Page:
Student-provided insider knowledge about Lafayette terminology, acronyms, and other useful information.

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The PARDapedia:

AEC: Acopian Engineering Center.

APK: Allan P. Kirby Sport Center – the gym/recreation center.

Brown Bag: Lunchtime talk or activity at which lunch will be provided. No need to bring a brown bag lunch!

Calc Cavalry: An academic resource for calculus students. Students tutors assist for MATH 125, 141, 161, 162, and 263. Location: Pardee 218.

Drop-In Hours:  A time when students can stop by an SI session to ask a quick question about class material from the SI leader or the library for a conference with a writing associate without an appointment.

FAMS: The Film and Media Studies Department is located in Buck Hall (The Landis Cinema is there) and 248 N. Third Street, part of the WIlliams Arts Campus at the base of College Hill.

FIMRC Trips:  Foundation for International Medical Relief of Children trips allow student groups to travel to different countries and gain hands-on medical experience helping children around the world. Trips are typically student organized and travel over Interim, Spring Break, or the summer.

FYS: First Year Seminar, a class designed for First Years in their first semester at Lafayette. It is in the style of a seminar with approximately 14 students. The course has a range of topics but is designed to develop student’s writing skills from high school to college level, while also introducing students to academic resources, such as research assistants, writing associates, and PARDners.

Gateway: Gateway is a four-year personalized career-preparation program that begins your first year at Lafayette. Whether you have a clear plan for your future or not, the Gateway Career Center can help you explore your interests and identify your talents. Gateway can pair you with a career counselor to allow for exploration of professional preparation and planning for life after Lafayette.

HPAC: Health Professions Advisory Committee, the committee in charge of Health Professions Advising. Their office runs programming relating to careers in the health professions, provides advising support, and runs the on campus application process for applying to health professions school. The Health Professions Advising office is located in 101 Scott Hall.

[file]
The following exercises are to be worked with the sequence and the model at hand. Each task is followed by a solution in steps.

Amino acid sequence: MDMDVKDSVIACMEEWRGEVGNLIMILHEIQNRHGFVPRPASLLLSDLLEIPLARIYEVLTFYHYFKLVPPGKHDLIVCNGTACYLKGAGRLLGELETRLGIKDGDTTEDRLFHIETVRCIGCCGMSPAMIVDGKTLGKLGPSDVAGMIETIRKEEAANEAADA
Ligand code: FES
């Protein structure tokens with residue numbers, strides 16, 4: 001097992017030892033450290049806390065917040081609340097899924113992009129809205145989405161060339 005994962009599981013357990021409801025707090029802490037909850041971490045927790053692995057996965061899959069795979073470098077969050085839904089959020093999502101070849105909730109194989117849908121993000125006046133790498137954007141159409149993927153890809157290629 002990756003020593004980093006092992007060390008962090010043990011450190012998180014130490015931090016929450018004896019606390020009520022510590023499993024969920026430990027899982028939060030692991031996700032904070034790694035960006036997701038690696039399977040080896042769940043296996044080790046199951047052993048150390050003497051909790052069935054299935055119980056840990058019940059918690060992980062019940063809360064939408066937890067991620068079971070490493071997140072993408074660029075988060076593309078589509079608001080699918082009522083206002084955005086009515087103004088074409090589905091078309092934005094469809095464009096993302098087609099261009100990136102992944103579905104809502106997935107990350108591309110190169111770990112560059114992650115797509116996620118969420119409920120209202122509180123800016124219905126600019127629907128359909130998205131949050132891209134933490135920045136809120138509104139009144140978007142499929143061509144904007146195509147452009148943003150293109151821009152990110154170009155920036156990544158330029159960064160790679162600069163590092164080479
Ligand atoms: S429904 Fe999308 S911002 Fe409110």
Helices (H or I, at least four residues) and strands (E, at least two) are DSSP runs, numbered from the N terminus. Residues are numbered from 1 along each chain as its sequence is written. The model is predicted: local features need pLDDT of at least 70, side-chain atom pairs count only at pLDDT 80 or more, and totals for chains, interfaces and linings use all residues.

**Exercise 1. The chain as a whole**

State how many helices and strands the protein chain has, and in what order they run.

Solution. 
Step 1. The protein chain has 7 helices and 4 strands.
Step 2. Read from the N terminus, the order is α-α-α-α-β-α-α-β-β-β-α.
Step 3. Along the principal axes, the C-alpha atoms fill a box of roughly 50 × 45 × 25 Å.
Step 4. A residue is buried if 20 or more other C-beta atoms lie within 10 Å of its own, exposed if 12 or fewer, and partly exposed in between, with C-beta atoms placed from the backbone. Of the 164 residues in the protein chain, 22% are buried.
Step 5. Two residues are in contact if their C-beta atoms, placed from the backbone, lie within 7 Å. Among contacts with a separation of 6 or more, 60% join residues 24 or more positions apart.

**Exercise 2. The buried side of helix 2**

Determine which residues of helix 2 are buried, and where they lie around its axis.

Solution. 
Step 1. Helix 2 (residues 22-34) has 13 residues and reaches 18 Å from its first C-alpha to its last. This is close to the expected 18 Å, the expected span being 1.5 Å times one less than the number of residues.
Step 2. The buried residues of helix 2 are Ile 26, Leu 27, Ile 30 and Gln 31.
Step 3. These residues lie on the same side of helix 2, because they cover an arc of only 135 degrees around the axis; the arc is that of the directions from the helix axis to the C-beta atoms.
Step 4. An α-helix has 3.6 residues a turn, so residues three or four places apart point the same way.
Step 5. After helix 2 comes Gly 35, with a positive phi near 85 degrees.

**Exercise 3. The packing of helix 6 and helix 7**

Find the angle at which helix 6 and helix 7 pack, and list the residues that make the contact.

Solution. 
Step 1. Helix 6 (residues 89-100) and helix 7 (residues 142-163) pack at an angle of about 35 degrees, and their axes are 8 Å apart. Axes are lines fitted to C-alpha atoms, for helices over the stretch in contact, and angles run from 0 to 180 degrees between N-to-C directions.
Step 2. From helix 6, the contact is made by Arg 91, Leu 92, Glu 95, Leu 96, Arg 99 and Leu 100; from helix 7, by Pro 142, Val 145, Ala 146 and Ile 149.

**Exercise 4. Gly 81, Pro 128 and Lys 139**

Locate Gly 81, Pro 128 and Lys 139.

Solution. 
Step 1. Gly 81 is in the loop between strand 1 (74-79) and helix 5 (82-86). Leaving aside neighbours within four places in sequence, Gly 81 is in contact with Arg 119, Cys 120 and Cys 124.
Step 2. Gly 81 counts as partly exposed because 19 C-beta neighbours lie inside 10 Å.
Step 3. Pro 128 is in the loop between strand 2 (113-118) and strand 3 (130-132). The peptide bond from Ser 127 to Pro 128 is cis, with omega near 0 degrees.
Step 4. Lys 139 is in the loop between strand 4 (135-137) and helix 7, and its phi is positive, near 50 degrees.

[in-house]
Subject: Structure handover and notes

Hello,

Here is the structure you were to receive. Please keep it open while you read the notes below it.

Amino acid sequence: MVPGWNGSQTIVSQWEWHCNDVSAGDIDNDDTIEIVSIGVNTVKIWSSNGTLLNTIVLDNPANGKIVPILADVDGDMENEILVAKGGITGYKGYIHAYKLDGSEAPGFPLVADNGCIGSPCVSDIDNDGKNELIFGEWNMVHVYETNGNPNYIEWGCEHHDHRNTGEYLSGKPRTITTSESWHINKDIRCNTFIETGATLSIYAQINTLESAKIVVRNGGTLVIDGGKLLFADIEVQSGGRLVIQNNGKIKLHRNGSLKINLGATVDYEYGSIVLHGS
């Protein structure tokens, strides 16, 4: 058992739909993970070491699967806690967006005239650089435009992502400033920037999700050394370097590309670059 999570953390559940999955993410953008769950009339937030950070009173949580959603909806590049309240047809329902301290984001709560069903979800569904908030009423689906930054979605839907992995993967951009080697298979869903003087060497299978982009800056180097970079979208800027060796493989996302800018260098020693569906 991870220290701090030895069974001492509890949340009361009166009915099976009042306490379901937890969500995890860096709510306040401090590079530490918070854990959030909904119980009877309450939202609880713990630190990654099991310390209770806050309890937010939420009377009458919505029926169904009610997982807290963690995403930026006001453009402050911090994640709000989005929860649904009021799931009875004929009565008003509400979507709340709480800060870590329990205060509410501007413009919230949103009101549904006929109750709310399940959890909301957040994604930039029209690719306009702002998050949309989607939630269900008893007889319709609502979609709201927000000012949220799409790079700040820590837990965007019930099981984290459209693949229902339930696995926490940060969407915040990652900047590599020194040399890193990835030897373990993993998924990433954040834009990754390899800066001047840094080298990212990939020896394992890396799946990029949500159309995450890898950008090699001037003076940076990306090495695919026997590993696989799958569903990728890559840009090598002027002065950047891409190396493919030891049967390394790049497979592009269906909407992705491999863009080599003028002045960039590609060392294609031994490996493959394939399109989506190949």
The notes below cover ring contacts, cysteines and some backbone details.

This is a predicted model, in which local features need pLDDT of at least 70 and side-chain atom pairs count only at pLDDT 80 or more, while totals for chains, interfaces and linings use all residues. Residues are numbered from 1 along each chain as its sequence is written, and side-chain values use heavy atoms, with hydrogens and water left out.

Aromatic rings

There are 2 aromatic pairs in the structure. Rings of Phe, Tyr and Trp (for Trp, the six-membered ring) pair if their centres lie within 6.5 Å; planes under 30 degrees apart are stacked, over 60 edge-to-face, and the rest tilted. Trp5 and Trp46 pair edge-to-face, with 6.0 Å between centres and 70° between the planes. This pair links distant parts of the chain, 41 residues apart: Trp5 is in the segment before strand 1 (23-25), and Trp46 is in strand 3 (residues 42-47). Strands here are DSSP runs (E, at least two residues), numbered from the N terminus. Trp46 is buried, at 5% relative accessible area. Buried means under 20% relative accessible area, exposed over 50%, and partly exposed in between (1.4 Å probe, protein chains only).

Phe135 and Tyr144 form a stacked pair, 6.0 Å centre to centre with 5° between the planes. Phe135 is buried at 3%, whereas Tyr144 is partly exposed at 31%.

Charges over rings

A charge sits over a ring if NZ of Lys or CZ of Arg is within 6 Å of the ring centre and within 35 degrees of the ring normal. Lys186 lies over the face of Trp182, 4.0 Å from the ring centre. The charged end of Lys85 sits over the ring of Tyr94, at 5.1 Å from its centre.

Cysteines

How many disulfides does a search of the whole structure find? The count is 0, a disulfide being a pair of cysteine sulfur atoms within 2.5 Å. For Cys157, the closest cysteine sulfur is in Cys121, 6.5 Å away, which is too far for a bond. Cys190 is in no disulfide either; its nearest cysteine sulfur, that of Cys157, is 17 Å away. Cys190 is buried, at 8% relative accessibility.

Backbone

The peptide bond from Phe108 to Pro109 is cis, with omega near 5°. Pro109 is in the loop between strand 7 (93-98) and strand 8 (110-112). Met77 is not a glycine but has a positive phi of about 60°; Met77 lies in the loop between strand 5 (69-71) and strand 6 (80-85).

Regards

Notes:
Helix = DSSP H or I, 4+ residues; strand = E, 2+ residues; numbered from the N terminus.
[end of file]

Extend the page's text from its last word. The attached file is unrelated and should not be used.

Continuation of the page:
HP Student:  Health Professions Student- Student who are planning to attend medical school, dental school, optometry school, and PA school after Lafayette.

Kirby: There are many Kirby’s on campus. There is Kirby Gym, Kirby Hall of Civil Rights (the Government and Law building), and Kirby House (an all-male, upperclassmen residence hall).

Kirby Library: The College’s political science and law library is located on the second floor of the Kirby Hall of Civil Rights, home of the Government and Law Department. It is much smaller than Skillman Library, but it is a gorgeous room has a twenty-foot ceiling and oak-paneled book cases, and is popular with students seeking a quiet or imposing study space.

Laf EMS:  Lafayette Emergency Medical Services is a student-run emergency medical services organization with the goal of becoming a Quick Response Service for the campus.

Leopard Alerts: The Lafayette Leopard Alerts Service is a notification system that enables Lafayette students, faculty, parents, and staff to receive alerts on their cell phones in the event of an emergency on or close to campus. To sign up, please use the following link: https://publicsafety.lafayette.edu/omnilert/

LIME: The Lafayette Initiative for Malagasy Education — a peer-to-peer mentoring program between Lafayette College students and high school students from Madagascar to prepare the latter for the process of applying to colleges in the US. Twelve Lafayette students are chosen each year to participate in the program in which they work with Malagasy students from Lycee Andohalo, a public high school in Antananarivo. Lafayette students formally commit to mentoring over a 1.5 year period which includes a three week trip to Madagascar in January.

Lower: Lower Farinon Commons.

Lunch Talk: Events organized by specific clubs or departments that are often informative or bring in a guest speaker during the lunch hour and provide free lunch to students.

Mods: The modular housing, also known as March Hall, is the temporary housing located on March Field. It is filled with block housing.